In general, Syria is liberalizing its economy in real structural ways, not just rhetorically. When I was last here they were starting to shut down money-losing state-run businesses (the ruling Ba’ath Party historically emphasized a combination of Arabic nationalism and socialism–although they’re still emphasizing the former, they’re giving up on the latter), and they were allowing more people to open small shops. Now they are creating free trade zones, and have free trade agreements with Turkey. Turkey has been the main financial beneficiary, but Syria is benefiting from the development of greater technical and quality control skills (sorely needed in a country where it’s common to see cinder-block construction going on with blocks that are broken and have holes in them, and with lines that don’t even pretend toward a Platonic approximation of level). They also have lots of written agreements with Iran, but that’s more theory than substance, as Iran can’t offer the type of quality goods Turkey can. In fact despite nominal sanctions, Syria imports more from the U.S. than from Iran.
The Syrian-Lebanese border was interesting. The line of trucks crossing from Syria into Lebanon was several miles long, and was standing stock still. My taxi driver said that the border guards check each truck’s manifest and load diligently, trying to prevent weapons from being smuggled across the border. They were far less concerned with me. An American crossing from Lebanon into Syria has little problem at all, as long as they’ve properly applied for the visa in advance. I heard a story, though, of two American tourists who, crossing into Syria from Jordan, had failed to get their visa beforehand and were politely given a visa free of charge. Syria’s disagreements with the U.S. government are not extended into official hassling of U.S. citizens.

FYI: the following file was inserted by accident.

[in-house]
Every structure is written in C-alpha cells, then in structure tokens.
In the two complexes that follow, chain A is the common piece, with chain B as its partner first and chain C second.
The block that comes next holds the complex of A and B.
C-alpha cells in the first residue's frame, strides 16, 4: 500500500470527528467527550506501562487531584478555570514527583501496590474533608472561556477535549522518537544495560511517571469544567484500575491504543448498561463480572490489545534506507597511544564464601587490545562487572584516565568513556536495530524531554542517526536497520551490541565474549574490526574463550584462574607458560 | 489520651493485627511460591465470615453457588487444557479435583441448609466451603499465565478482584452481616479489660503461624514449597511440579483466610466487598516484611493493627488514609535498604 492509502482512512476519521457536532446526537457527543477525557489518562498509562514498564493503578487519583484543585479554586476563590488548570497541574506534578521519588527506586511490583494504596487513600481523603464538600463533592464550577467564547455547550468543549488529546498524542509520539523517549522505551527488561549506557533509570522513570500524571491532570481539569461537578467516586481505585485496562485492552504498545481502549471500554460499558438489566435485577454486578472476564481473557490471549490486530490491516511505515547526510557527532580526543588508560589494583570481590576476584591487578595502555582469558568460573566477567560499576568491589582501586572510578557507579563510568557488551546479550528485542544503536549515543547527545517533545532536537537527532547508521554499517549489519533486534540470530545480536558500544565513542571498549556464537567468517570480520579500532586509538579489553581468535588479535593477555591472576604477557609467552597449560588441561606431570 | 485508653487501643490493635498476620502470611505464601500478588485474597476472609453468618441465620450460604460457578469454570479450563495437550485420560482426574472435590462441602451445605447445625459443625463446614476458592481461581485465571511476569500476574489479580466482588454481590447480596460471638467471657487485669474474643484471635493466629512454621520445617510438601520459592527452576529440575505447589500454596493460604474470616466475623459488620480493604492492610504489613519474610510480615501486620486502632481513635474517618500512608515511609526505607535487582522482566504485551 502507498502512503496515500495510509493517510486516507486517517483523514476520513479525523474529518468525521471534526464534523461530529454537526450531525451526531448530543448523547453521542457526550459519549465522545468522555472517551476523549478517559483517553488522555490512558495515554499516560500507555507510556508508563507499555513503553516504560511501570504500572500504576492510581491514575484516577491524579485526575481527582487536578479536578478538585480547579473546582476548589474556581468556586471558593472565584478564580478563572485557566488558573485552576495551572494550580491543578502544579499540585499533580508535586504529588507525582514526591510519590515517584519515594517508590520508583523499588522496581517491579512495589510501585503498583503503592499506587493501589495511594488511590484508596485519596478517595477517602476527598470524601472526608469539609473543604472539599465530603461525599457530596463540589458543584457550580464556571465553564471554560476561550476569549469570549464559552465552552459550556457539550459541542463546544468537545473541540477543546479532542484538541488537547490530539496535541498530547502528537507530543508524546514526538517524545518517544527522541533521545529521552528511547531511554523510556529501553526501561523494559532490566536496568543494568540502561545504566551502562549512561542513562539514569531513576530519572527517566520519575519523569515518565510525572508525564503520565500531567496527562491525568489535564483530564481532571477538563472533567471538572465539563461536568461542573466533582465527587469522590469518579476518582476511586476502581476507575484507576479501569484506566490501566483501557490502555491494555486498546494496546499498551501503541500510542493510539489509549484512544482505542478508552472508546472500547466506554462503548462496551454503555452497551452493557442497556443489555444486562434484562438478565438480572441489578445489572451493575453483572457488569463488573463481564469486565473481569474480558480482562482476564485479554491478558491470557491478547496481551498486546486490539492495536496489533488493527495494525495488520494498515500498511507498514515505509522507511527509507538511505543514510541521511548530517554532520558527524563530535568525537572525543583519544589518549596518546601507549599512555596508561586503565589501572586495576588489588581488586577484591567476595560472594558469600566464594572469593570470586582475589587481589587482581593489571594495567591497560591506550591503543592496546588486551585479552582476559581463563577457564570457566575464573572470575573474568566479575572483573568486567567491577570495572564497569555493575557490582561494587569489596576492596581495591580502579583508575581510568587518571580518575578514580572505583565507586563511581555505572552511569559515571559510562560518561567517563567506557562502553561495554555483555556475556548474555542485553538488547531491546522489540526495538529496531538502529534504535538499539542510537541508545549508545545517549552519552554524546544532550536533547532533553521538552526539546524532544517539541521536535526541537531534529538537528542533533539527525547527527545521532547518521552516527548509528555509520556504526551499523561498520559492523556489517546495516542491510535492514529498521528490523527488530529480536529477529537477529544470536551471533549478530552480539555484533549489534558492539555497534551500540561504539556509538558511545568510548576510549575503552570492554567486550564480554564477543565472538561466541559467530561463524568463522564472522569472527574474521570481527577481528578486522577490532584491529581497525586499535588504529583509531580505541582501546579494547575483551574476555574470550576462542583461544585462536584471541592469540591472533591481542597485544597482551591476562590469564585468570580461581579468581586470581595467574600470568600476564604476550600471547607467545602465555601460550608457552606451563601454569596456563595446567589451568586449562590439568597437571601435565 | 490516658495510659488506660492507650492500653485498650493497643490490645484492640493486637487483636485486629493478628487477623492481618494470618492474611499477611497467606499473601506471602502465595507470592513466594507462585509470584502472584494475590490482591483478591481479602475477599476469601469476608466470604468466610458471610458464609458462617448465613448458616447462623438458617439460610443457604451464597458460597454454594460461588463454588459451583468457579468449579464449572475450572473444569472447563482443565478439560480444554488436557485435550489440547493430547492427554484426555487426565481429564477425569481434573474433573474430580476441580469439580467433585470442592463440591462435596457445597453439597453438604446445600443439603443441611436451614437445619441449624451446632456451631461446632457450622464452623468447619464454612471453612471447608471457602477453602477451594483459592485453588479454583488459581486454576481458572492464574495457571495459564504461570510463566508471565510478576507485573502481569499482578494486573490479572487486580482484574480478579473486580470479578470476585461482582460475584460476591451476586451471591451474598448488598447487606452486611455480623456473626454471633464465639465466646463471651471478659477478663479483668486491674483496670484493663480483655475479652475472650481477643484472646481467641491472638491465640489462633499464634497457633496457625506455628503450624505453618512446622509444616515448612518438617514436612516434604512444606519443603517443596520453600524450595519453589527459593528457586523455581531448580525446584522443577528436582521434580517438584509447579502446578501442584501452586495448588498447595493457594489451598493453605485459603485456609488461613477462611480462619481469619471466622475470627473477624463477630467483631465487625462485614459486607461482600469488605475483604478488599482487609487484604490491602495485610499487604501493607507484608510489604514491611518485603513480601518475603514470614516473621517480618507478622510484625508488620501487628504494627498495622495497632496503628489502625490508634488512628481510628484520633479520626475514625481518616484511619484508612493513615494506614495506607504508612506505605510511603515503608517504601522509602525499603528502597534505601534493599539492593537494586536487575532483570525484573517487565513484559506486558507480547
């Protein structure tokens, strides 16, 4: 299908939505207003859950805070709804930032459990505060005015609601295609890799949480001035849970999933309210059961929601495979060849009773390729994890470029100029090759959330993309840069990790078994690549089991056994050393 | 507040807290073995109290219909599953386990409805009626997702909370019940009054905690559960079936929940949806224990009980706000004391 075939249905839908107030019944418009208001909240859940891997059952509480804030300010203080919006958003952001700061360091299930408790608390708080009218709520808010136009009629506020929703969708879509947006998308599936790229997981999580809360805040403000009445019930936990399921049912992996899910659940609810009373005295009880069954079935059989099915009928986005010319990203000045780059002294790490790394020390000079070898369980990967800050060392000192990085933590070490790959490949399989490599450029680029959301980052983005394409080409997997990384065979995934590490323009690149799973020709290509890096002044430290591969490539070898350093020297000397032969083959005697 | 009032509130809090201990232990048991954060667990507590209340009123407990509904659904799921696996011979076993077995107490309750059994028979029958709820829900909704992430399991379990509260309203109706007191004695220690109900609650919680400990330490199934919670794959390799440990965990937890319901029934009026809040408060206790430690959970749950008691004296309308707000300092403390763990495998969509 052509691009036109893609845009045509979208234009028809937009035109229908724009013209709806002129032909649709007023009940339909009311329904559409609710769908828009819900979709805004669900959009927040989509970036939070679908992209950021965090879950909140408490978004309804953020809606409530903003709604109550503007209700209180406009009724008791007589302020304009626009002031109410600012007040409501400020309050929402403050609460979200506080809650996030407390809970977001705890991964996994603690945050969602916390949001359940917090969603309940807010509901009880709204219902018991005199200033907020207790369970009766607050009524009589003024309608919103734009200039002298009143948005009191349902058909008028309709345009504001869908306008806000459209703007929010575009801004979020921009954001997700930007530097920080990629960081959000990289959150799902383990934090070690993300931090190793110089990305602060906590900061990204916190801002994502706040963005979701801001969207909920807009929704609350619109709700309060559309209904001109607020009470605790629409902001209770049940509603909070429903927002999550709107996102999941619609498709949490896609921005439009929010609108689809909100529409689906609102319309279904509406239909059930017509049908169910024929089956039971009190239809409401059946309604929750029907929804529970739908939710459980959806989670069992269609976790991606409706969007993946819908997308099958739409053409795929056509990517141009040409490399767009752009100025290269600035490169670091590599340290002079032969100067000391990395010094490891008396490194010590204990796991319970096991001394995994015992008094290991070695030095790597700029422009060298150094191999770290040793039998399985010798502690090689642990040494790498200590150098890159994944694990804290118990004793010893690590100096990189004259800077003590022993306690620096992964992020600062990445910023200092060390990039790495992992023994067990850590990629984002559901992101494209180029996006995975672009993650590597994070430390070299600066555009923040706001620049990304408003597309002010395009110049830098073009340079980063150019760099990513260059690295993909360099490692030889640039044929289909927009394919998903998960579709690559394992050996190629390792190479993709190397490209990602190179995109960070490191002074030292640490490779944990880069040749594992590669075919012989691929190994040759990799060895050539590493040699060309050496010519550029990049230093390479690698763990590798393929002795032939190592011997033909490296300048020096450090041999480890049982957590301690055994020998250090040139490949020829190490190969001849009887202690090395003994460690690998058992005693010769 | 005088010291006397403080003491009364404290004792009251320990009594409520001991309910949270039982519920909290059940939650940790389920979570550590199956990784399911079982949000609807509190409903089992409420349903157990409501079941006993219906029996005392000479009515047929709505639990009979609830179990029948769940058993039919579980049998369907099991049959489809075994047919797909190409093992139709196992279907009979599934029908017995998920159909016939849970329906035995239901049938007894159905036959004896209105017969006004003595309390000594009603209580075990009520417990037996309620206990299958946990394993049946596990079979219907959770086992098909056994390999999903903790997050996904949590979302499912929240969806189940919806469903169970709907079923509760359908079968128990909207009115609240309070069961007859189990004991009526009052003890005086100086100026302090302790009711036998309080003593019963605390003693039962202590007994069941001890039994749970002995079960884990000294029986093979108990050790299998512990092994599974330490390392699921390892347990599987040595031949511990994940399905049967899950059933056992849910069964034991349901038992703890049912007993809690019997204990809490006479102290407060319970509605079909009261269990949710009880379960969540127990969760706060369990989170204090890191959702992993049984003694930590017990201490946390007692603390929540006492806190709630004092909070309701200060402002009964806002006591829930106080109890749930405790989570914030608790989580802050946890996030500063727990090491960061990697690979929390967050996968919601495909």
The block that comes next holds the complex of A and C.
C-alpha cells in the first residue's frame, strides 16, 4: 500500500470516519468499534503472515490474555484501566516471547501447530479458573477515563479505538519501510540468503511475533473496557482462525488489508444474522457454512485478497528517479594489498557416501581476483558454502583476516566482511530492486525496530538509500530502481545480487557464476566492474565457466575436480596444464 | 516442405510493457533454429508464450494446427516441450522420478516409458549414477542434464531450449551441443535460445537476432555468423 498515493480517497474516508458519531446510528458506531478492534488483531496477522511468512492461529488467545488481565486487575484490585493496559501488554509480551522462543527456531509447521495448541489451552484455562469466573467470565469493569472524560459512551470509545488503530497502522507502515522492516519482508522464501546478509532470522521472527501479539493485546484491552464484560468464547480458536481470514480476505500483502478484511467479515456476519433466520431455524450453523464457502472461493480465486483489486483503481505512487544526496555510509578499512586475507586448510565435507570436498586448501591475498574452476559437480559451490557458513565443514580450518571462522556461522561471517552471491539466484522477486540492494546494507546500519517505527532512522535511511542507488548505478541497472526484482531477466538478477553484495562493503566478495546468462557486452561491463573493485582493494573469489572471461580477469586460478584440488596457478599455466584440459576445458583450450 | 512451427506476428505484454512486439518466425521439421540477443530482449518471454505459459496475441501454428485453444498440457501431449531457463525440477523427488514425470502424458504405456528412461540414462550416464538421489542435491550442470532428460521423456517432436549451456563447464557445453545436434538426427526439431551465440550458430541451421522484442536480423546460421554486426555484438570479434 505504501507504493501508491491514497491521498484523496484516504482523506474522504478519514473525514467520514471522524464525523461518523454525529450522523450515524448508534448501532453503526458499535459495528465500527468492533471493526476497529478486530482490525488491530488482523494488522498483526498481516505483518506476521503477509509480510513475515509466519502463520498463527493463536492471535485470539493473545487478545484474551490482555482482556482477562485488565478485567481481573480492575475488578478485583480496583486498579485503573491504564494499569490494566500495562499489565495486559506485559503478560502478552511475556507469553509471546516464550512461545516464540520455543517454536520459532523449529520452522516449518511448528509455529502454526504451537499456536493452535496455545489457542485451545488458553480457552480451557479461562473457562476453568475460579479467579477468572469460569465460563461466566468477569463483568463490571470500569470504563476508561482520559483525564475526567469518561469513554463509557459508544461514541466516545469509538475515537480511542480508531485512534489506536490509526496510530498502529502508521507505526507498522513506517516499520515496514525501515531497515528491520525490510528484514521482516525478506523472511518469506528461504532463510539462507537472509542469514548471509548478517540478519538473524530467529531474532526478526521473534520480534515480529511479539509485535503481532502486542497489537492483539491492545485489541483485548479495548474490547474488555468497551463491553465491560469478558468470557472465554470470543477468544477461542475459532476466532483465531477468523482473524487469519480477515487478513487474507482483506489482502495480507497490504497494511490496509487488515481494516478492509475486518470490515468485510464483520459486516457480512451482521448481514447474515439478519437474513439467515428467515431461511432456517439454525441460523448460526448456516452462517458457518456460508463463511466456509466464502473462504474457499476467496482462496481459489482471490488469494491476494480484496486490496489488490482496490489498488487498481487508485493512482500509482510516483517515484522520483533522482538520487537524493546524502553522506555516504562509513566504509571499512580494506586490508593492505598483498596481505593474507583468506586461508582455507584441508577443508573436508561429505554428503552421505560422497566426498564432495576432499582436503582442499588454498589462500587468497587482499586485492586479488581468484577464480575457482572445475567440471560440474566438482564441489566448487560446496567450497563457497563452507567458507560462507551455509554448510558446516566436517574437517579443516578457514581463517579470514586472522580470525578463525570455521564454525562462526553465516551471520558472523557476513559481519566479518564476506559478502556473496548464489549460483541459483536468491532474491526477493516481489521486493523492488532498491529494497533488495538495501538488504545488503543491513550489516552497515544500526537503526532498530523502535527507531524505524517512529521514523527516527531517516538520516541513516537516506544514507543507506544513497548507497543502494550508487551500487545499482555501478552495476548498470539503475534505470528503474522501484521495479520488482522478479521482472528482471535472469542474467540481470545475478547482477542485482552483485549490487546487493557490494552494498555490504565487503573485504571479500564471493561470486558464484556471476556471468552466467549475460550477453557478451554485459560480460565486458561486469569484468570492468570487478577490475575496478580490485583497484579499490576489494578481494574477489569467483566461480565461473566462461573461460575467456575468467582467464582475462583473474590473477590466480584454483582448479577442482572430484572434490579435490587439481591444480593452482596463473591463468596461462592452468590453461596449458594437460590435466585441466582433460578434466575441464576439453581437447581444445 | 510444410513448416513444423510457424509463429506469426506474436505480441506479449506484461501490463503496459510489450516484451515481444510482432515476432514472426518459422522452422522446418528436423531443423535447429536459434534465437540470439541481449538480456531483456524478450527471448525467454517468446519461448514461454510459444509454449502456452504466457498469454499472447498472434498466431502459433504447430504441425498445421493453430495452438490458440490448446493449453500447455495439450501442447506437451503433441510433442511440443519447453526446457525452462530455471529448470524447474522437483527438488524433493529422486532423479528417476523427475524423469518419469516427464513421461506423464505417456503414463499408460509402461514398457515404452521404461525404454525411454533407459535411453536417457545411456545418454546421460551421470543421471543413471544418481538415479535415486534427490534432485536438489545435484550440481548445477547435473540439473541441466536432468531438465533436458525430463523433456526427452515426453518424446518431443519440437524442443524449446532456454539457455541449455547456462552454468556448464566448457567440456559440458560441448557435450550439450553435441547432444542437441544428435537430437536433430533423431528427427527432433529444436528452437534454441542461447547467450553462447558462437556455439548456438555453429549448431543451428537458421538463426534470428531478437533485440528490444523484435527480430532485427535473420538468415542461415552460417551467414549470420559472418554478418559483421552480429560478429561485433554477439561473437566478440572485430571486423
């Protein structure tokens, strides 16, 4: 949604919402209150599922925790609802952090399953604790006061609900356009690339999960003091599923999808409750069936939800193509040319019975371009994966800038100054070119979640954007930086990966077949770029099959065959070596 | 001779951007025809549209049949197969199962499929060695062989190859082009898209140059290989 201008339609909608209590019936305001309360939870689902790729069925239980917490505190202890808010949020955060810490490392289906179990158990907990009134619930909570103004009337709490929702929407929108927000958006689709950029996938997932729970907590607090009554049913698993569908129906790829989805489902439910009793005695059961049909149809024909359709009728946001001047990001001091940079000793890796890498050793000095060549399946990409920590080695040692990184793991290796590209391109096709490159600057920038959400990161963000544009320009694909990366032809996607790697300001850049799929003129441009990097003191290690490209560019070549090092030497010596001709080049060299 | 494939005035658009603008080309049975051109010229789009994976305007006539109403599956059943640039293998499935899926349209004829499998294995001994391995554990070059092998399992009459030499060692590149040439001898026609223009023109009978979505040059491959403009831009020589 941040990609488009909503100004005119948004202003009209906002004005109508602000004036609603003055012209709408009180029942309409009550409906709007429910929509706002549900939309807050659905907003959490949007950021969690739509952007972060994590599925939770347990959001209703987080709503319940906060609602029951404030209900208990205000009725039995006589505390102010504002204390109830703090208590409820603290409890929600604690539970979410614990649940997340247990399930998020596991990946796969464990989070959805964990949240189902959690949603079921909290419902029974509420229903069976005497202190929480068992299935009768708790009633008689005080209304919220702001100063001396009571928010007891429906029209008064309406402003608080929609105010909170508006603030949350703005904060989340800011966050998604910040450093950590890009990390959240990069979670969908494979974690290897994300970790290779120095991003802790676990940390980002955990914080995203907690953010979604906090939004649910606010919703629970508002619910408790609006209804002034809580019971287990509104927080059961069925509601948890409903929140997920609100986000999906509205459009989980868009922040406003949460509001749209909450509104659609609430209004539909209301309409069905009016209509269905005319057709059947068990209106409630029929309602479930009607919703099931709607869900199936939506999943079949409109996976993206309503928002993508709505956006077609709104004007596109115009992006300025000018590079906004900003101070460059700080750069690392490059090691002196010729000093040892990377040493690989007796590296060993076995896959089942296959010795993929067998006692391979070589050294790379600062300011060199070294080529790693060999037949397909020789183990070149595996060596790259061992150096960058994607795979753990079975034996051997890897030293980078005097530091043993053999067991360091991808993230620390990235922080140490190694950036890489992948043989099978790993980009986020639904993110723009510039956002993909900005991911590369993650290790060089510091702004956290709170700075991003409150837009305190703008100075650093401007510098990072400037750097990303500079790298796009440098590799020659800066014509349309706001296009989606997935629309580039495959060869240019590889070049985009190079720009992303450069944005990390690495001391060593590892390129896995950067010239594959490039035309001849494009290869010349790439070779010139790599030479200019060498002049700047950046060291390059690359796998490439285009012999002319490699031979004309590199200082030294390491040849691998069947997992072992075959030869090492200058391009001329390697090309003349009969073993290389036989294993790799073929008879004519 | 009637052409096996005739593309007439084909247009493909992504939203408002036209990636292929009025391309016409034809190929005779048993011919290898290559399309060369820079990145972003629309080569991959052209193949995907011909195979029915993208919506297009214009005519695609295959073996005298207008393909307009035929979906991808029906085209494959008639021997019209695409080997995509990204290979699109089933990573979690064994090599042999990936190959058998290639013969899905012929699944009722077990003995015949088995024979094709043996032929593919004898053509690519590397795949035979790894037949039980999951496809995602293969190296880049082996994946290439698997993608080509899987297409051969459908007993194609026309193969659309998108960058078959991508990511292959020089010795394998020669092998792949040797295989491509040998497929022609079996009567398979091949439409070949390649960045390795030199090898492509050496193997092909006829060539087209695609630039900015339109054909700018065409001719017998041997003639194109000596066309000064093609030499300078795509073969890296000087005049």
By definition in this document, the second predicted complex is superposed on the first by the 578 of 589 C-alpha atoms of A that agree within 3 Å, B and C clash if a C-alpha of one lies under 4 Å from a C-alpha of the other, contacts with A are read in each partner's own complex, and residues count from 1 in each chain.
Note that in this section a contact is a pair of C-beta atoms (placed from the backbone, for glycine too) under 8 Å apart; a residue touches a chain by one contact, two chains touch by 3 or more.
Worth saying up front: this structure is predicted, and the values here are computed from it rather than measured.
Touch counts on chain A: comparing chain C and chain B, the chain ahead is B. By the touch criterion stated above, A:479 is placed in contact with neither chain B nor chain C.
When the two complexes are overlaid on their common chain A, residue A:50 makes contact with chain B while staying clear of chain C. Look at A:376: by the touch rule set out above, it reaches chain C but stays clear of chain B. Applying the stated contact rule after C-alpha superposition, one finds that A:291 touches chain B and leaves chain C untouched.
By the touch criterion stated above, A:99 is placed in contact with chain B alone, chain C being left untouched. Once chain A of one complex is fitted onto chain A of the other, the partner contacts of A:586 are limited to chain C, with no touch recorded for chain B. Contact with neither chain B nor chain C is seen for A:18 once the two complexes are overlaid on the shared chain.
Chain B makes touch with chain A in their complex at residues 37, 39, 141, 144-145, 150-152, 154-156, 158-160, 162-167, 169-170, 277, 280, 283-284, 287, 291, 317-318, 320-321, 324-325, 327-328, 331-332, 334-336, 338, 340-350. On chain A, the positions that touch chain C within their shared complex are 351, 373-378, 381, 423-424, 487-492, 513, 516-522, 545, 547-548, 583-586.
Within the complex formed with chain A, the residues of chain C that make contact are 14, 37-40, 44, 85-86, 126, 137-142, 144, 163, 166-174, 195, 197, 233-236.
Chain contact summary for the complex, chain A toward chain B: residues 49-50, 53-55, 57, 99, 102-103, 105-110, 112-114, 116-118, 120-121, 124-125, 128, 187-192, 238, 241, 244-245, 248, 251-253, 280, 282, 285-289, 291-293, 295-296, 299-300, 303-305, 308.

Getting out of the country by airplane entails bureaucratic foolishness suitable for a Monty Python sketch. I had to show my passport no less than 4 times, including at the entryway 10 feet beyond the immigration control counter. At the last check prior to boarding (where they checked again), the soldier merely flipped my passport open, then flipped it closed again; he wasn’t even on the right page to see my exit stamp and obviously didn’t care. Talk about your Ministry of Silly Walks. Whomever’s in charge of this rigmarole needs to take some classes in organization theory/public administration from a western university. They might learn that the more redundant your processes are, the less seriously your staff will administer them. But I suspect the actual security aspect is less important than the symbolic aspect of demonstrating the authority of the government at every spot and in every way possible. Still, it’s not wise to forget that behind that symbolism, the power is both real, and really arbitrary.
Not very often. In fact, almost never. (Scrupulously avoiding the ad hominem goes a long way here.)
So when I see one, I pay attention. From the following post entitled, Three Misuses of the American Founding & Religion For Political Purposes, commenter Kari writes: Continue reading
I’ve waited a long time for this. The first 5 minutes is on YouTube. I’ll look and see if I can find the whole thing.
You can buy the DVD of the program for $10 here.
That and some other things from the following that I recorded in 2007.
Or is my categorization correct in an objective sense?
Most notable artists, even talented soul filled ones, wouldn’t dare try to do “Georgia” and still be taken seriously (that is, not thought of as a glorified Wedding Singer).